Let's 'Make in India' with 3D printing in 2016
Posted On: 17-02-2020
With a growing focus on Make In India, 3D printing-the alternative to manufacturing-is likely to make a breakthrough in 2016.
3D printing has been around since the late 1980s. But go back two or three years and ask analysts and companies whether 3D printing is at its peak; their answer would have been an overwhelming and unanimous "Hell, yeah!" But companies mostly ended up making manufacturing prototypes in industries, with no real progress in enterprises. Because of this, 2015 did not turn out to be the best year for 3D printing, with high expectations once again in 2016.
When we look at the 3D printing market across the globe, India features in the top 10 countries with 7 manufacturers, according to Aniwaa 3D Printing Market Watch report. US, China, and Germany top the list with 66, 42, and 22 manufacturers, respectively.
"The adoption of 3D printing in India is still at an early stage when compared to other parts of the world; but manufacturers across verticals are seeing the benefits of 3D printing and the value it brings, particularly for advanced applications," said Rajiv Bajaj, general manager at Stratasys India, in an interview with Channel World India.
According to 6WResearch in their report "India 3D Printer Market (2015-2021)," expiration of key patents, low production cost and advancements in material research will drive the 3D printer market in India.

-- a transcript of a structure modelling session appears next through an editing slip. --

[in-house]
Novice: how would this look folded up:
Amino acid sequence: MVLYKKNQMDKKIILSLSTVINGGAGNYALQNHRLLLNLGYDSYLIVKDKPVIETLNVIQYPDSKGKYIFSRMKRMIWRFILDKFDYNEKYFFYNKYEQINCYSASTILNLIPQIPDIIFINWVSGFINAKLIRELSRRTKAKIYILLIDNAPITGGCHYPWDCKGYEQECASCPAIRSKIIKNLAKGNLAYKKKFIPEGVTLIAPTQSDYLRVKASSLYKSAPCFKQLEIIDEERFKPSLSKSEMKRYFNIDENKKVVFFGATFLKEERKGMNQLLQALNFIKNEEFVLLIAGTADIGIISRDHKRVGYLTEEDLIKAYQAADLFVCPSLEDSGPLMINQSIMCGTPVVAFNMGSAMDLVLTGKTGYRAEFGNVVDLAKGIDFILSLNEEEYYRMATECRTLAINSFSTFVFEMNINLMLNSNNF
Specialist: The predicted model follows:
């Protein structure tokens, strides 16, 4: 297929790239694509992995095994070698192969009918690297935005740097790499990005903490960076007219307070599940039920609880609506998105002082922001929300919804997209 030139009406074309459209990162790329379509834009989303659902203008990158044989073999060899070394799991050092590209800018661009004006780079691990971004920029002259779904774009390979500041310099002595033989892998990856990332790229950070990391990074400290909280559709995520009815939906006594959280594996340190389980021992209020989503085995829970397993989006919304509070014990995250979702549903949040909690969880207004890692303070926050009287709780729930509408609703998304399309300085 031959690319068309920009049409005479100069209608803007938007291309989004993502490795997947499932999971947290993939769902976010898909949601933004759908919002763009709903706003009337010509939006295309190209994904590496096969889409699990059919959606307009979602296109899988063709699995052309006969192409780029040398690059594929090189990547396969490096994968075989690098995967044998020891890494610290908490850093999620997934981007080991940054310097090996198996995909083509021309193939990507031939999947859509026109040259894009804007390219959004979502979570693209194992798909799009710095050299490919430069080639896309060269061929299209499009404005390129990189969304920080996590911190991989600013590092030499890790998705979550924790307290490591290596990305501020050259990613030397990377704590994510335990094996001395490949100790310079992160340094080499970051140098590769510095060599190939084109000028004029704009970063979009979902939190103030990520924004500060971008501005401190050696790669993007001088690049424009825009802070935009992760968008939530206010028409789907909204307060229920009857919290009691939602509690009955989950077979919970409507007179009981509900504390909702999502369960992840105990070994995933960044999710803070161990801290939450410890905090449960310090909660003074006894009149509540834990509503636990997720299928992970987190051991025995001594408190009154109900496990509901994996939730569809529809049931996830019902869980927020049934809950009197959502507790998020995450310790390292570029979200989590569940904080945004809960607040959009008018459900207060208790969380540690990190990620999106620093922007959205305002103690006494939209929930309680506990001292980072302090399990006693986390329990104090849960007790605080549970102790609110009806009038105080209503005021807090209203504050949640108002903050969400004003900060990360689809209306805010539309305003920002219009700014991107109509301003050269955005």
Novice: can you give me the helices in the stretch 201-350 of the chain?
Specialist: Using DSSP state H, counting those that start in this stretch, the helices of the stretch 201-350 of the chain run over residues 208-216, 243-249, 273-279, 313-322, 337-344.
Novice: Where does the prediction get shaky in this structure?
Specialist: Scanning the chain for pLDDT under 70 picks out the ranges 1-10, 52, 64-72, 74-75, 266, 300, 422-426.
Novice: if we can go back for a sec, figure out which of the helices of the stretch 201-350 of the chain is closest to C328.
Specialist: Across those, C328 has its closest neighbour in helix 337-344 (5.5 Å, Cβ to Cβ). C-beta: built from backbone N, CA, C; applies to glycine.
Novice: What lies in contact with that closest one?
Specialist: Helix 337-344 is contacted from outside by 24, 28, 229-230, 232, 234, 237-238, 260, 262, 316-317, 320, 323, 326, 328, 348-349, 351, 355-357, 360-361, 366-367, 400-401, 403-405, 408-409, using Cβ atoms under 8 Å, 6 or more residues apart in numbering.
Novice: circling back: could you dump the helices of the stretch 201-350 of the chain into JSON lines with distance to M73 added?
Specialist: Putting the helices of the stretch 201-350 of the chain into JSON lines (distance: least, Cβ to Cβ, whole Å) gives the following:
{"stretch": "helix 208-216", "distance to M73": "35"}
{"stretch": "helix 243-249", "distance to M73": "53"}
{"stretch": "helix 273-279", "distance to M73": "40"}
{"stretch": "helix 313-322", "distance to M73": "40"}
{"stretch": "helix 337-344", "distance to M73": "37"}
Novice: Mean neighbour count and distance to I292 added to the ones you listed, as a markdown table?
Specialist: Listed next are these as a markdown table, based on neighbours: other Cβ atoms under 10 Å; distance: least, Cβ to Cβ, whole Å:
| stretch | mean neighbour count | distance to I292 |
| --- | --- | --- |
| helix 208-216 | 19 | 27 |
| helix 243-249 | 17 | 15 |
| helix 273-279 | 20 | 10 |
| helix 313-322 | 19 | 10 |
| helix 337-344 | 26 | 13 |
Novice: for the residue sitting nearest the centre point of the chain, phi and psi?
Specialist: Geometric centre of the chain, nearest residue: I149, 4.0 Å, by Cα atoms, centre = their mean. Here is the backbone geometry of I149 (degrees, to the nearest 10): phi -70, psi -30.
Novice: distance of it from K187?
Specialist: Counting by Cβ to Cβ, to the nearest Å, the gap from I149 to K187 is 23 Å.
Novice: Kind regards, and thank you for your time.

In addition to these, Make in India, an initiative by the Narendra Modi-led government, will also play a role in expanding the market reach of the technology, where the demand in India will mostly come from Tier-I cities.
"With growing focus on Make in India, we see a lot of Indian manufacturers placing emphasis on producing goods locally. With so much production in the pipeline, manufacturers would need a technology which is both cost and time effective," Bajaj said.
According to the 6WResearch report, the total Indian market for 3D printing will be around $79 million by 2021, of which automotive applications will account for the majority.
Currently, India primarily imports 3D printers from China, US and Germany, but various government initiatives aiming to boost domestic manufacturing will result in more local device creation over the course of the forecast period.
The report also states that fused deposition modelling (FDM)-based 3D printers dominate the Indian market, but there has been a decrease in the purchasing of 3D printers because of computer numerical control (CNC) milling machines, which are cheaper than 3D printers.